Argument and Song: Sources and Silences in Poetry

Argument and Song: Sources and Silences in Poetry

by Stanley Plumly
     
 

Stanley Plumly is one of his generation's important poets. He was born in Barnesville, Ohio, in 1939, and grew up in the lumber and farming regions of Virginia and Ohio. Writing in The Atlantic, Peter Davison said of his work, "Plumly's rich, dense poems give off a special fragrance, the incense of the English Romantic movement mingling with forest odors from the…  See more details below

Overview

Stanley Plumly is one of his generation's important poets. He was born in Barnesville, Ohio, in 1939, and grew up in the lumber and farming regions of Virginia and Ohio. Writing in The Atlantic, Peter Davison said of his work, "Plumly's rich, dense poems give off a special fragrance, the incense of the English Romantic movement mingling with forest odors from the Old Northwest Territory between the Mississippi, the Ohio, and the Great Lakes."

This volume collects fifteen of Plumly's essays on poetry and art, including the seminal "Chapter and Verse," "Sentimental Forms," and "The Abrupt Edge." Meditating on poems by Keats, Stevens, James Wright, Plath, and Matthews, on Emily Bronte’s prose, and paintings by Whistler, Plumly returns again and again to essential matters: the impulses, occasions, and places out of which art arises and the forms by which imagination gives it shape.

About Stanley Plumly's poetry:

"Reading Stanley Plumly is like having someone whisper unceasingly in your ear, humming of light, trees, sleep, snow."
- The New York Times Book Review

"Plumly&'s landscapes, for all their underpinnings in concrete detail, seem at times like sets in a Fellini movie: softly falling snow, birds, suicides, and blossoming red roses, with flashes of insight that burn the retinas and leave an afterimage even more surreal."
- Kirkus Reviews

"The voice of [his] poems reveals a plaintiveness without sentimentality, weaving poignant stories that transcend mere narrative."
- The Boston Review

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Editorial Reviews

Library Journal - Library Journal
In this collection of 15 essays on poetry and art, Plumly (Now That My Father Lies Down Beside Me) uses his experiences as a poet, teacher, religious seeker, practitioner of yoga, reader, editor, and critic to illustrate his themes and back up his arguments about the current state of poetry. Deeply rooted in the English Romantics, he is conversant with the major poetic movements of the last two centuries, hence offering thoughtful explorations of the work of the Bronte sisters, George Eliot, and Thomas Hardy, as well as Agatha Christie, Galway Kinnell, Marvin Bell, and C.K. Williams. Touching on a variety of topics (e.g., bird songs, nocturnes, sentimentality, and silence as metaphor), Plumly examines traditional forms like odes, elegies, and sonnets to establish valid critical arguments about where poetry is heading while providing solid historical perspectives. A winner of the Delmore Schwartz Memorial Award and a National Book Critics Circle Award, Plumly has taught at Princeton, Michigan, Iowa, and currently the University of Maryland. Recommended for academic libraries with large poetry and critical collections.-Pam Kingsbury, Univ. of North Alabama, Florence Copyright 2004 Reed Business Information.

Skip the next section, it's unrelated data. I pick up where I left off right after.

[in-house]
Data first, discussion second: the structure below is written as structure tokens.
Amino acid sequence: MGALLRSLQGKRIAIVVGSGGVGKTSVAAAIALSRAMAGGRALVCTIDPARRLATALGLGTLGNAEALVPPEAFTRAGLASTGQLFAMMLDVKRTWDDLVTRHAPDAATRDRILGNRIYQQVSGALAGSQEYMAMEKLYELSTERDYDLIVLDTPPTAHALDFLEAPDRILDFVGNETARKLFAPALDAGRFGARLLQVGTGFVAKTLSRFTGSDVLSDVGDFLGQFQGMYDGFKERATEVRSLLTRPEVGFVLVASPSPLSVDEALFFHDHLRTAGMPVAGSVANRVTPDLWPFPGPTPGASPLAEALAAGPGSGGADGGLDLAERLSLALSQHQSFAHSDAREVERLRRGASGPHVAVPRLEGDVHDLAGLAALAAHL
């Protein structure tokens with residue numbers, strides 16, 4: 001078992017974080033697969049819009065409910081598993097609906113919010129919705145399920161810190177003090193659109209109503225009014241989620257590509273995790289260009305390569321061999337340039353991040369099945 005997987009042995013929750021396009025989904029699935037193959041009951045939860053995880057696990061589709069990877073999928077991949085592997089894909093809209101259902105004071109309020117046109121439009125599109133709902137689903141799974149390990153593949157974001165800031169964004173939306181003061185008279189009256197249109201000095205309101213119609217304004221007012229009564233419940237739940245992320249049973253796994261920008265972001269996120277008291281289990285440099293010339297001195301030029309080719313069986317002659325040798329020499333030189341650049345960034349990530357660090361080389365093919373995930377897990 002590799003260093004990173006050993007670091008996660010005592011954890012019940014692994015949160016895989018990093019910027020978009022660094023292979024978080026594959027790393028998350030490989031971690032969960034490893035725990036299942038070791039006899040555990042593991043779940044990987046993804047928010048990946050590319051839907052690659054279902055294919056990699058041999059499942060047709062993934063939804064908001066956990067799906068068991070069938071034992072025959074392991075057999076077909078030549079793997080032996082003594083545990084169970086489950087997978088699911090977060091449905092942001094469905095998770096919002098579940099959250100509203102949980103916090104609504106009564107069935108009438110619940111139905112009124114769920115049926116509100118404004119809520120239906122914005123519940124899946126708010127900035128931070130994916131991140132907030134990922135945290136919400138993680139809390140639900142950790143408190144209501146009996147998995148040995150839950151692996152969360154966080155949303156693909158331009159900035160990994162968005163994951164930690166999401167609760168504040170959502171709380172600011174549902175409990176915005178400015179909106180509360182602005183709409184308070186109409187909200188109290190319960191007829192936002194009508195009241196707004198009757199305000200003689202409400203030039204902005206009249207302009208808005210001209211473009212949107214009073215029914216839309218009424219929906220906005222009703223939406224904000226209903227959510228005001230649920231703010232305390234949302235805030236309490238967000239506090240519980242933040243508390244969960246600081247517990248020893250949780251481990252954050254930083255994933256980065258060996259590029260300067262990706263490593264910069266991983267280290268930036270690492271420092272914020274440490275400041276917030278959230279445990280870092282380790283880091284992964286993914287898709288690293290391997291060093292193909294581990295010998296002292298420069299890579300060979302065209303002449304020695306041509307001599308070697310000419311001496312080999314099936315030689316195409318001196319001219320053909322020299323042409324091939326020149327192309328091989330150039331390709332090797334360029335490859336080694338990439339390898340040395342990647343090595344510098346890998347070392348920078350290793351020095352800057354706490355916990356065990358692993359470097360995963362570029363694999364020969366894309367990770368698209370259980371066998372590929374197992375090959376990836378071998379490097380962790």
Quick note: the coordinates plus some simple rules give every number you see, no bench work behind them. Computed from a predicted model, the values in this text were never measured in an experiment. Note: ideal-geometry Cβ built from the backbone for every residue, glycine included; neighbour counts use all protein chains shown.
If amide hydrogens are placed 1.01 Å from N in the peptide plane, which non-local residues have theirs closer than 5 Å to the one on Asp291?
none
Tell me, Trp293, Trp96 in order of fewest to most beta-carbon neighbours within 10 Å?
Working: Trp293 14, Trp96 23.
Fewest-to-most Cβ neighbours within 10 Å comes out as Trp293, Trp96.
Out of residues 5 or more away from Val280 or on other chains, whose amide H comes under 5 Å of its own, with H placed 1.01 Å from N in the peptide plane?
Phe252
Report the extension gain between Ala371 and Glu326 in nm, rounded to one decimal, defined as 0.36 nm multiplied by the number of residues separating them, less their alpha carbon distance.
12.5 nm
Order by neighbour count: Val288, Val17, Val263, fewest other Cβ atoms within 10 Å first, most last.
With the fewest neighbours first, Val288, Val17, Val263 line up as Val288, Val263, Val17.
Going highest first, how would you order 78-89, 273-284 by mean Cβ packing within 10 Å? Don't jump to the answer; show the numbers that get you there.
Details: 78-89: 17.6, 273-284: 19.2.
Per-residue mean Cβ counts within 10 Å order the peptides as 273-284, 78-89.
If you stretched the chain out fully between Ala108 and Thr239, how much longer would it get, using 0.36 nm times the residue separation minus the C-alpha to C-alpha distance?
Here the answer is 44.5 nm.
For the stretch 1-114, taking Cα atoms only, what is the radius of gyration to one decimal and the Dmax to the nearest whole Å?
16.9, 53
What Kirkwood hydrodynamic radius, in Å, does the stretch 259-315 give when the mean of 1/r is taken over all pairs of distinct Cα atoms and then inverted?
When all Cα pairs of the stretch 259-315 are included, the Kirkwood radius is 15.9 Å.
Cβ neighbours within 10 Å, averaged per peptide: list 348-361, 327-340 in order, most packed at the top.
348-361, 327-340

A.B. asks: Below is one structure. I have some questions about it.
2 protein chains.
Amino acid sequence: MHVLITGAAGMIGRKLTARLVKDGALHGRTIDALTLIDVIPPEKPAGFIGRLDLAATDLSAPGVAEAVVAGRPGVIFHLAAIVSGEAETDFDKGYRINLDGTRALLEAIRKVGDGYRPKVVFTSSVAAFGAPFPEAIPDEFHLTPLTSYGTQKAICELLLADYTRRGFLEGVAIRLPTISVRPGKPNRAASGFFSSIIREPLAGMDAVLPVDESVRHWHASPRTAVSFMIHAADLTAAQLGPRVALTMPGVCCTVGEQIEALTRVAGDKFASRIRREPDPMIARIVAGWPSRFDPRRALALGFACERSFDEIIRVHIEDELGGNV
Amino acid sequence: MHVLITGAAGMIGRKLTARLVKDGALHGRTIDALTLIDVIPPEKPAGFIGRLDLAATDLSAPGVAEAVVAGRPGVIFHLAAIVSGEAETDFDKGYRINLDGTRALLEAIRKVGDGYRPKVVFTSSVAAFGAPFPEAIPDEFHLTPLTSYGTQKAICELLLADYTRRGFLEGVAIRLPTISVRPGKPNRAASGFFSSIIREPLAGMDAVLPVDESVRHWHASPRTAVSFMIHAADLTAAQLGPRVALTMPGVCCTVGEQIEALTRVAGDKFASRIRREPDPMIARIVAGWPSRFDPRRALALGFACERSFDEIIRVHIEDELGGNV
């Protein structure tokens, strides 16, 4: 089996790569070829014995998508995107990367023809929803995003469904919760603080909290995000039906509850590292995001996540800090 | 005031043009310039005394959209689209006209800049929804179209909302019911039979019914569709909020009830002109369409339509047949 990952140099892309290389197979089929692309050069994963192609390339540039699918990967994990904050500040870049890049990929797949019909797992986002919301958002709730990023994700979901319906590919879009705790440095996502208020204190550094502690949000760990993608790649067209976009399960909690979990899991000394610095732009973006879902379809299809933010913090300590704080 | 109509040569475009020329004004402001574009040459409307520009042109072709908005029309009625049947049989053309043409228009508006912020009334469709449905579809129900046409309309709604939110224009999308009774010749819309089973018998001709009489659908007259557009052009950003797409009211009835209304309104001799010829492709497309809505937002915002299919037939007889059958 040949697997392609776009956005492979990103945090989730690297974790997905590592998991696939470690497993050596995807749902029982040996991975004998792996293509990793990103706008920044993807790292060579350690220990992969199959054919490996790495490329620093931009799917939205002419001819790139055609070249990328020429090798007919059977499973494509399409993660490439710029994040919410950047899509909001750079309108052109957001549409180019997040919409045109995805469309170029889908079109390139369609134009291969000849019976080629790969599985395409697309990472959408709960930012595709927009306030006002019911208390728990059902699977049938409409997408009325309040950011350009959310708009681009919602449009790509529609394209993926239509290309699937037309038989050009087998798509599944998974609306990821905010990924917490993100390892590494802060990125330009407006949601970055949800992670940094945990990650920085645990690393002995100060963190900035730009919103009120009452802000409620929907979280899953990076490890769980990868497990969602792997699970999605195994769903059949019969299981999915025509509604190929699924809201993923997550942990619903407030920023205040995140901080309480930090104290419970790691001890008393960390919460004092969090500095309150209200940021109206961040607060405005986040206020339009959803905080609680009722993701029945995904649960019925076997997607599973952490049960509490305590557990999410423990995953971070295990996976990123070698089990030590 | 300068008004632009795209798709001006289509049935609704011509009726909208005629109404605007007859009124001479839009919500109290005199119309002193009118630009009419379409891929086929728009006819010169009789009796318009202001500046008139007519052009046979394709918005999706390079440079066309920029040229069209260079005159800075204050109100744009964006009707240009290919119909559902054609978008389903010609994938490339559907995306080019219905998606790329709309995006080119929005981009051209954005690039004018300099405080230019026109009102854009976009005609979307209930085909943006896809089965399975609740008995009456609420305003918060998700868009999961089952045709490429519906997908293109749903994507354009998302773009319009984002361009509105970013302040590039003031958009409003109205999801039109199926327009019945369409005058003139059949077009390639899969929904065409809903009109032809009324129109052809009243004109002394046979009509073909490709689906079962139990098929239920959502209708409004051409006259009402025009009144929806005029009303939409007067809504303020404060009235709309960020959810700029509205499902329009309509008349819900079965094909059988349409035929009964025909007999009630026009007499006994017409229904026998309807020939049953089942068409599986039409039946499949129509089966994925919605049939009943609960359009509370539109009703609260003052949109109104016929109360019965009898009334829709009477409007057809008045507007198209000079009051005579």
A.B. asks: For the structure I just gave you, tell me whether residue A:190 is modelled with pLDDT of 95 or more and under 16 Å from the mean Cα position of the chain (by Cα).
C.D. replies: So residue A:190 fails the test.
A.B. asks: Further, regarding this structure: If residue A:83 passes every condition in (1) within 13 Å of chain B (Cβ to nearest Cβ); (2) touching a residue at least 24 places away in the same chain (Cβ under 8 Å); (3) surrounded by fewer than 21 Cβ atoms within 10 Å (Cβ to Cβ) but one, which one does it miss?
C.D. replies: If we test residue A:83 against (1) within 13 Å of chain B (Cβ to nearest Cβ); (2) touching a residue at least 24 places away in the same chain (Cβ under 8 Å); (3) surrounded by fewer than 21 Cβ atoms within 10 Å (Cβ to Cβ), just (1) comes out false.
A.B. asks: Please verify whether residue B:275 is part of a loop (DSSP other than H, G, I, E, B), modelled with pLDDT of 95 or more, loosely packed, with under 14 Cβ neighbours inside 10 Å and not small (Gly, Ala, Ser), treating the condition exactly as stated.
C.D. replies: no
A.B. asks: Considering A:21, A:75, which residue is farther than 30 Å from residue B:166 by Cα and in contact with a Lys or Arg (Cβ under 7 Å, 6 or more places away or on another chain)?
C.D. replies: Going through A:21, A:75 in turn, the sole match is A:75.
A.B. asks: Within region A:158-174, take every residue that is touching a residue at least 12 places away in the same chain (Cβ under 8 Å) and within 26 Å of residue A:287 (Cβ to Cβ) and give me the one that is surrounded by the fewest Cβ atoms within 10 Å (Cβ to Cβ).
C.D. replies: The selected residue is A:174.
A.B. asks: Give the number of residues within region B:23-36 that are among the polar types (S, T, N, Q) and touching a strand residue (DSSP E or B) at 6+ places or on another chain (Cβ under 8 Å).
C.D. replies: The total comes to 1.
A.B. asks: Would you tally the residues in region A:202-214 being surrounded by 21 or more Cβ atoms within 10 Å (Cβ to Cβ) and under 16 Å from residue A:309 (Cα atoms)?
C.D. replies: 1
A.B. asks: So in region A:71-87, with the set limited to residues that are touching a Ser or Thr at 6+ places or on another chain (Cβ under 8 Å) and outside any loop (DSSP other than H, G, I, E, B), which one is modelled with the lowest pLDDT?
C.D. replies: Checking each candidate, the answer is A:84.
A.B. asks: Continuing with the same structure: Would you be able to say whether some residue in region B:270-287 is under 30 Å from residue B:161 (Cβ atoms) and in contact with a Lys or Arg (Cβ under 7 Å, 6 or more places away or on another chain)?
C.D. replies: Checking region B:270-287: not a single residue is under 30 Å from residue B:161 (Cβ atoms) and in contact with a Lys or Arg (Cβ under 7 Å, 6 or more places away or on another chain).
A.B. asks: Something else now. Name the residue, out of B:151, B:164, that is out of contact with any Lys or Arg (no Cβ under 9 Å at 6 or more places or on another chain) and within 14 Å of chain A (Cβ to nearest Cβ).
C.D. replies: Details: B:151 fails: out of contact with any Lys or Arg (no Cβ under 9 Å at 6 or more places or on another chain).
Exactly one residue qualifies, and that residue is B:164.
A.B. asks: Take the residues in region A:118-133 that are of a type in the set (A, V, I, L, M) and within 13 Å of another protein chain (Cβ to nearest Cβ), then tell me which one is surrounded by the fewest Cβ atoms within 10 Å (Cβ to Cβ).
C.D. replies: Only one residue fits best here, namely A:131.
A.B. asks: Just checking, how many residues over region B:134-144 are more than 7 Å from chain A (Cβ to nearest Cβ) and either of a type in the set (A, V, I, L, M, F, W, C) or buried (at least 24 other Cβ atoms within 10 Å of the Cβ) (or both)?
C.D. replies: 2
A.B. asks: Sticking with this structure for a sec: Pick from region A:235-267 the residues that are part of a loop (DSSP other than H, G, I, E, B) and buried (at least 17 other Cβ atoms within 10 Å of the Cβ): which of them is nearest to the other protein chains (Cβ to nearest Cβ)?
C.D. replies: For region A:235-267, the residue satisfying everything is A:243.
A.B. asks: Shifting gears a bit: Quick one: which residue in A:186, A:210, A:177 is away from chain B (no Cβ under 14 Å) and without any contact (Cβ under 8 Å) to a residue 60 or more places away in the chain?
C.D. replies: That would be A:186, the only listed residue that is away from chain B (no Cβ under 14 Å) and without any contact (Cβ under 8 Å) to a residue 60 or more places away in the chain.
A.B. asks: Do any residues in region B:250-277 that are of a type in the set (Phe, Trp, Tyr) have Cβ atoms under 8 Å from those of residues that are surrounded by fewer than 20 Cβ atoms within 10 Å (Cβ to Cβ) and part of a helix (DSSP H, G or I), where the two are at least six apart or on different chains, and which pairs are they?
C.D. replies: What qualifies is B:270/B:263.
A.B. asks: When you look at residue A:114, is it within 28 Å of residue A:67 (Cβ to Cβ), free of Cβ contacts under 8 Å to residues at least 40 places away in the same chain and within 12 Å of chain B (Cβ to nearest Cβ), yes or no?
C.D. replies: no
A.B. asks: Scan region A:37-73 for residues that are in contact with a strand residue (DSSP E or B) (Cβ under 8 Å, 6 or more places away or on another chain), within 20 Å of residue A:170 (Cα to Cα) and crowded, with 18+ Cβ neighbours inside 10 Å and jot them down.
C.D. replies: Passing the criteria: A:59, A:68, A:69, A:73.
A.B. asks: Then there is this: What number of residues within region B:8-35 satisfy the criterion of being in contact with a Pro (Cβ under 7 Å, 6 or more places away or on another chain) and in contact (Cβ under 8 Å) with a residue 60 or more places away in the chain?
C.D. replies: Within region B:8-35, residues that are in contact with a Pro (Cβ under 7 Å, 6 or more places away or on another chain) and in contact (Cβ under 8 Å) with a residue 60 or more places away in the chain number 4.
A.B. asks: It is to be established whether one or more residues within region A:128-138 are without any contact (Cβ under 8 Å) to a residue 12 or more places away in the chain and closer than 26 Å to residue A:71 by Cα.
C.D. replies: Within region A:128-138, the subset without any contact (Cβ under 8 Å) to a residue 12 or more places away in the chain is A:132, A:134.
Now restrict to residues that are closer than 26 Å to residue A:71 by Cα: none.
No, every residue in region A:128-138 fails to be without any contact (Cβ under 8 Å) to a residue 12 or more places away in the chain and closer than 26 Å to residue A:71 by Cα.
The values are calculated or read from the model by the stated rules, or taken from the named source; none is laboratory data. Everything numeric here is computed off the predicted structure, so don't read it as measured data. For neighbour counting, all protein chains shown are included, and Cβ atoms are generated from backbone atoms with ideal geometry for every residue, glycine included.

Product Details

ISBN-13:
9781590510766
Publisher:
Other Press, LLC
Publication date:
10/10/2003
Pages:
336
Product dimensions:
6.30(w) x 9.20(h) x 1.20(d)

Meet the Author

Stanley Plumly

Stanley Plumly's first book, In the Outer Dark, won the Delmore Schwartz Memorial Award; his third, Out of Body Travel, was nominated for the National Book Critics Circle Award. Now That My Father Lies Down Beside Me: New and Selected Poems, 1970-2000, was published in 2000. He has taught at numerous colleges and universities, including Princeton, Michigan, and Iowa. Presently, he is a Distinguished University Professor and Professor of English at the University of Maryland. He lives in Bethesda.

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